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Mar 24, 2023

AI-powered Google Maps’ immersive view now available for a select few

Posted by in categories: mapping, robotics/AI, sustainability

A few select users will now be able to enjoy Google Maps’ immersive view, according to a blog by the company published last month. The new feature is meant to allow users to reimagine how they explore and navigate, while helping them make more sustainable choices.

“Immersive view is an entirely new way to explore a place — letting you feel like you’re right there, even before you visit. Using advances in AI and computer vision, immersive view fuses billions of Street View and aerial images to create a rich, digital model of the world. And it layers helpful information on top like the weather, traffic, and how busy a place is,” said Chris Phillips, VP & General Manager, Geo, in the blog.

Mar 24, 2023

Hubble telescope unravels the weather secrets of Jupiter and Uranus

Posted by in category: space

The Hubble Space Telescope’s remarkable observations shed light on the seasonal shifts and atmospheric conditions of Jupiter and Uranus.

The Hubble Space Telescope has been fundamental in unraveling the mysteries of our solar system. The telescope is a celestial weather observer that studies the changing atmosphere of giant gaseous planets. By observing climatic variations, scientists are unlocking new understanding about the dynamic weather systems of these gas giants, paving the way for a deeper understanding of our solar system.

Recently, it disclosed exquisite details about the changing weather patterns and seasonal shifts on Jupiter and Uranus.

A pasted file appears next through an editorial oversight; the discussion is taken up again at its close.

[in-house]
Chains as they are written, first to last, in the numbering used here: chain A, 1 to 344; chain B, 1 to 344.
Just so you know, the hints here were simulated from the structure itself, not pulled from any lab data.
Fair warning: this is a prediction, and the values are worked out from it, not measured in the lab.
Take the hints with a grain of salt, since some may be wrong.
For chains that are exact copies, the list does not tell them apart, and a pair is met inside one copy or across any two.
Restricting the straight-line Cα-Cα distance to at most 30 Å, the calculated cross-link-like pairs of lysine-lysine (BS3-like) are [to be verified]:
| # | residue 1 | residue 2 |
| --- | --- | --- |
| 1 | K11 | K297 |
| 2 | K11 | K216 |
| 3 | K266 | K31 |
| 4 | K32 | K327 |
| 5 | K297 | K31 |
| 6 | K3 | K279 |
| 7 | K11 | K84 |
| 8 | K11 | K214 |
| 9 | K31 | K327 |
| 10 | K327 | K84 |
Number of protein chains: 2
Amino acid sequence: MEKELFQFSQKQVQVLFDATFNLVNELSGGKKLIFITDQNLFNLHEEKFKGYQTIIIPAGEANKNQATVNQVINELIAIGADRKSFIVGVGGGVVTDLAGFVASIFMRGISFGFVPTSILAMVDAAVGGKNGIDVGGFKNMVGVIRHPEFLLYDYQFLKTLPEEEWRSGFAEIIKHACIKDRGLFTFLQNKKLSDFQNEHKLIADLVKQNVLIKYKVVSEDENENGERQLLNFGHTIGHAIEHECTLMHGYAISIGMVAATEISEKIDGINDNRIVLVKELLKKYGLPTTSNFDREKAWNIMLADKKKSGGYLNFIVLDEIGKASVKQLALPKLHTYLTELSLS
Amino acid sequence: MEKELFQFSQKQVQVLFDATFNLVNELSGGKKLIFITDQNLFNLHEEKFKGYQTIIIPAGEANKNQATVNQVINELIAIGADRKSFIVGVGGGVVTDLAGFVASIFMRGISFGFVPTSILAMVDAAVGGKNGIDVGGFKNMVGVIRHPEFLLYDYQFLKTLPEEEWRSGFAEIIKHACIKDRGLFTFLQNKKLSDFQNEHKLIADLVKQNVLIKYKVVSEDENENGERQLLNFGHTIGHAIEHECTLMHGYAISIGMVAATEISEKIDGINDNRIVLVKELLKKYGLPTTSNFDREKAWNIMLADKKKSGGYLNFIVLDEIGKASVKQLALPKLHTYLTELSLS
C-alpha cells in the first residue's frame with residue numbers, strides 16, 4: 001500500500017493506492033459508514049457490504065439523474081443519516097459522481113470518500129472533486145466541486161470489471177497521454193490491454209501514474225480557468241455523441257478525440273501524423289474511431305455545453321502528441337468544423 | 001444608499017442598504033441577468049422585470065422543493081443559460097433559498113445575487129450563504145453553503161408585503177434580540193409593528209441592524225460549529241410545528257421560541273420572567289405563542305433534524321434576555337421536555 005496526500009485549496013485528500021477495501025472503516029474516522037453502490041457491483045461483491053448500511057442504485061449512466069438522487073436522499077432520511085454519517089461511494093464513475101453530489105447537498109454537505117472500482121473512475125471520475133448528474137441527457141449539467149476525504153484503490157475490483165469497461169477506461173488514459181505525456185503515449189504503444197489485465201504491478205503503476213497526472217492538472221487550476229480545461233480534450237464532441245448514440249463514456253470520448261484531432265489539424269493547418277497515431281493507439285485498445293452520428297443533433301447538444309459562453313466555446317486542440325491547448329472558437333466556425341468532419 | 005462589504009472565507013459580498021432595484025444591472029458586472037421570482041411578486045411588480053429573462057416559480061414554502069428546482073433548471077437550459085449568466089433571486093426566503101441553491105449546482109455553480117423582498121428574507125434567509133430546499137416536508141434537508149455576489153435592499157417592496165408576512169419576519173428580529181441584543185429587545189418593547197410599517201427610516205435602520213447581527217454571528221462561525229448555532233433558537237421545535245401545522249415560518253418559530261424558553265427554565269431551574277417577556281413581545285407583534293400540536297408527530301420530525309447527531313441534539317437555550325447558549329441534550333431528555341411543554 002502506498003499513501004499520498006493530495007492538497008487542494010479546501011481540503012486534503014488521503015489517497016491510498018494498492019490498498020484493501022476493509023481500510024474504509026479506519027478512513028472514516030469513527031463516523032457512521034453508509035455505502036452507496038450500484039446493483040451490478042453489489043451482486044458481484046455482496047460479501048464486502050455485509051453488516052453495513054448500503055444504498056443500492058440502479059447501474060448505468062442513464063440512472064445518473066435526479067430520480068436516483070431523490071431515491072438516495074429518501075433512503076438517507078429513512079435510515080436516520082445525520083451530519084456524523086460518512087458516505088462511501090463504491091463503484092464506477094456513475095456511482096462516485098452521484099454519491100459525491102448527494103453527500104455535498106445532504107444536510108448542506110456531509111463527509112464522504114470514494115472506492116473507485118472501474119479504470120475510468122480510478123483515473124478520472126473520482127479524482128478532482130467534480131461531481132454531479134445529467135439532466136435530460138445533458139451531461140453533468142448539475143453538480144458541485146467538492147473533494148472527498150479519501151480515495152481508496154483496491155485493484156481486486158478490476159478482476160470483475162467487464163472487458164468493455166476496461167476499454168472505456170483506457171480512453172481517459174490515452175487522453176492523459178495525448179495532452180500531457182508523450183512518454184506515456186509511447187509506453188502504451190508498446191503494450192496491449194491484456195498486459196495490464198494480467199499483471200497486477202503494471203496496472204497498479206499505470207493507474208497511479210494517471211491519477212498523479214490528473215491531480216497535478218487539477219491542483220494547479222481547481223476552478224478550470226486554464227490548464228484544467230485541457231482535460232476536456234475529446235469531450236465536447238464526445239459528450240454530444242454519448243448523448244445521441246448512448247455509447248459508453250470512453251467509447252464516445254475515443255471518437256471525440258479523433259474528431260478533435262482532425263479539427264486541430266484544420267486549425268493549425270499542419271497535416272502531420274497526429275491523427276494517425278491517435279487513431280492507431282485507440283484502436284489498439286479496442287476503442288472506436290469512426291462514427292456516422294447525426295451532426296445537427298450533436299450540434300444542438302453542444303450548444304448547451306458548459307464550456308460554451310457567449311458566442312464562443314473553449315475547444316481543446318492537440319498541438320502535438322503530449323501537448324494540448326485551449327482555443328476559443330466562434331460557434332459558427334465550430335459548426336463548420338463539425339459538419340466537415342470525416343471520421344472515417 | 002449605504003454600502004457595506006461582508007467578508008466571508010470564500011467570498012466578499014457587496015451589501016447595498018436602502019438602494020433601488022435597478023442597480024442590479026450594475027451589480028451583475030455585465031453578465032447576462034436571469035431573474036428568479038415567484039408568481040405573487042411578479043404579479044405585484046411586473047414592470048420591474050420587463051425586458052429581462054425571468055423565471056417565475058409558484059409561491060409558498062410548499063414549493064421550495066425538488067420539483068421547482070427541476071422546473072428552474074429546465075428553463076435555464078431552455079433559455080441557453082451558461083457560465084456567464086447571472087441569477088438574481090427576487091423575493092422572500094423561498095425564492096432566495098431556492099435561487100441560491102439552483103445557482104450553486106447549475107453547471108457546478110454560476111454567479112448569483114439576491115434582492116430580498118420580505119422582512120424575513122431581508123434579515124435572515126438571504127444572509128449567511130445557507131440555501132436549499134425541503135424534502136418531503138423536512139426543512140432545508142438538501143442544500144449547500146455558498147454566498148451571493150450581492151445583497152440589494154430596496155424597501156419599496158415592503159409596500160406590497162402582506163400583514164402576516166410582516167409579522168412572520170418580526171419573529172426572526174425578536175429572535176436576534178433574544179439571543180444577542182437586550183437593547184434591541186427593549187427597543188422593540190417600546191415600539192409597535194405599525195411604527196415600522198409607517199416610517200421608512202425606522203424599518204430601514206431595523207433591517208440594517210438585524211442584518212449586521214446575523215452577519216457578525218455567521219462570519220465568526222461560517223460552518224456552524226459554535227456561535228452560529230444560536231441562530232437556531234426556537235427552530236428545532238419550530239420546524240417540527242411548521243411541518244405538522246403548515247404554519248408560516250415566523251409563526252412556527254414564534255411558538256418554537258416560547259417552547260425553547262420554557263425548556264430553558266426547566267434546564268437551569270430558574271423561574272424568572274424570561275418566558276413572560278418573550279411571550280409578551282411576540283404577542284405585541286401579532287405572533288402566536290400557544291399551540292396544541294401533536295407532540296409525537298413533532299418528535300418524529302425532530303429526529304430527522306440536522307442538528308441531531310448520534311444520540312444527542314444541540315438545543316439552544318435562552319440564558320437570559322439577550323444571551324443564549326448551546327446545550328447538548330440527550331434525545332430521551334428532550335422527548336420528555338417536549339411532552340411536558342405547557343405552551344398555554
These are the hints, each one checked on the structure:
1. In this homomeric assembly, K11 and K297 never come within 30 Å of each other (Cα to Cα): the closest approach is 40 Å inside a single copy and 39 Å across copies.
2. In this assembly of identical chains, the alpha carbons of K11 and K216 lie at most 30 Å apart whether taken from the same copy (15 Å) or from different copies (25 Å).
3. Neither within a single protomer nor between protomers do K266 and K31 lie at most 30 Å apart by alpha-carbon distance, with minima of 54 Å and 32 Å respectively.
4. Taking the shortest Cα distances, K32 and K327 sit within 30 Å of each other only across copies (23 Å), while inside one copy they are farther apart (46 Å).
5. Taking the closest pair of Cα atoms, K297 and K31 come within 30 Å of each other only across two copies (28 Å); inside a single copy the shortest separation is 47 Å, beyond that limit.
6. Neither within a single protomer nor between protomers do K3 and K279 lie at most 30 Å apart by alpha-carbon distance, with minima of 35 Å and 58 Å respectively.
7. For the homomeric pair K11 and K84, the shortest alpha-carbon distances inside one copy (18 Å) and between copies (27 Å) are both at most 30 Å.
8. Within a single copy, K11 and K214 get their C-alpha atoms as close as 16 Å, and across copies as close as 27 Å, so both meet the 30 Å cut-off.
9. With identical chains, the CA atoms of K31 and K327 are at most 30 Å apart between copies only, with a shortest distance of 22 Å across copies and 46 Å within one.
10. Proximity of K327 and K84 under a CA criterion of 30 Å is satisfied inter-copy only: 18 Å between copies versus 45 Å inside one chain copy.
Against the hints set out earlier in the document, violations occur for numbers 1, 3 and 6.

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Mar 24, 2023

Quantum light manipulation breakthrough could lead to advances in computing and metrology

Posted by in categories: computing, quantum physics

The researchers observed it stimulated light emission, which Einstein predicted in 1916, in single photons for the first time.

A team of researchers from the University of Basel and the University of Sydney accomplished a groundbreaking feat by demonstrating the capability to manipulate and identify small numbers of interacting packets of light energy or photons with high correlation for the first time.

The achievement, published in Nature Physics, marks a significant milestone in developing quantum technologies. The researchers observed it stimulated light emission, which Einstein predicted in 1916, in single photons for the first time.

Mar 24, 2023

Confused by quantum computing? Students are developing a puzzle game to help

Posted by in categories: computing, entertainment, quantum physics

UArizona students have developed an online game modeled after the popular ‘tangram’ puzzle game. The game is meant to help teach quantum computation concepts to people ranging from young students to researchers.

Mar 24, 2023

Biosensors Could Allow Robot Control Using Thought

Posted by in category: robotics/AI

An advanced biosensor brain–computer interface is bringing thought-controlled robots a step closer to reality.

Mar 24, 2023

Scientist Reveals How to Escape Our Simulation

Posted by in category: cybercrime/malcode

Hack your way out of the wrong reality.

Mar 24, 2023

ATLAS and CMS observe simultaneous production of four top quarks

Posted by in category: particle physics

Today, at the Moriond conference, the ATLAS and CMS collaborations have both presented the observation of a very rare process: the simultaneous production of four top quarks. They were observed using data from collisions during Run 2 of the Large Hadron Collider (LHC).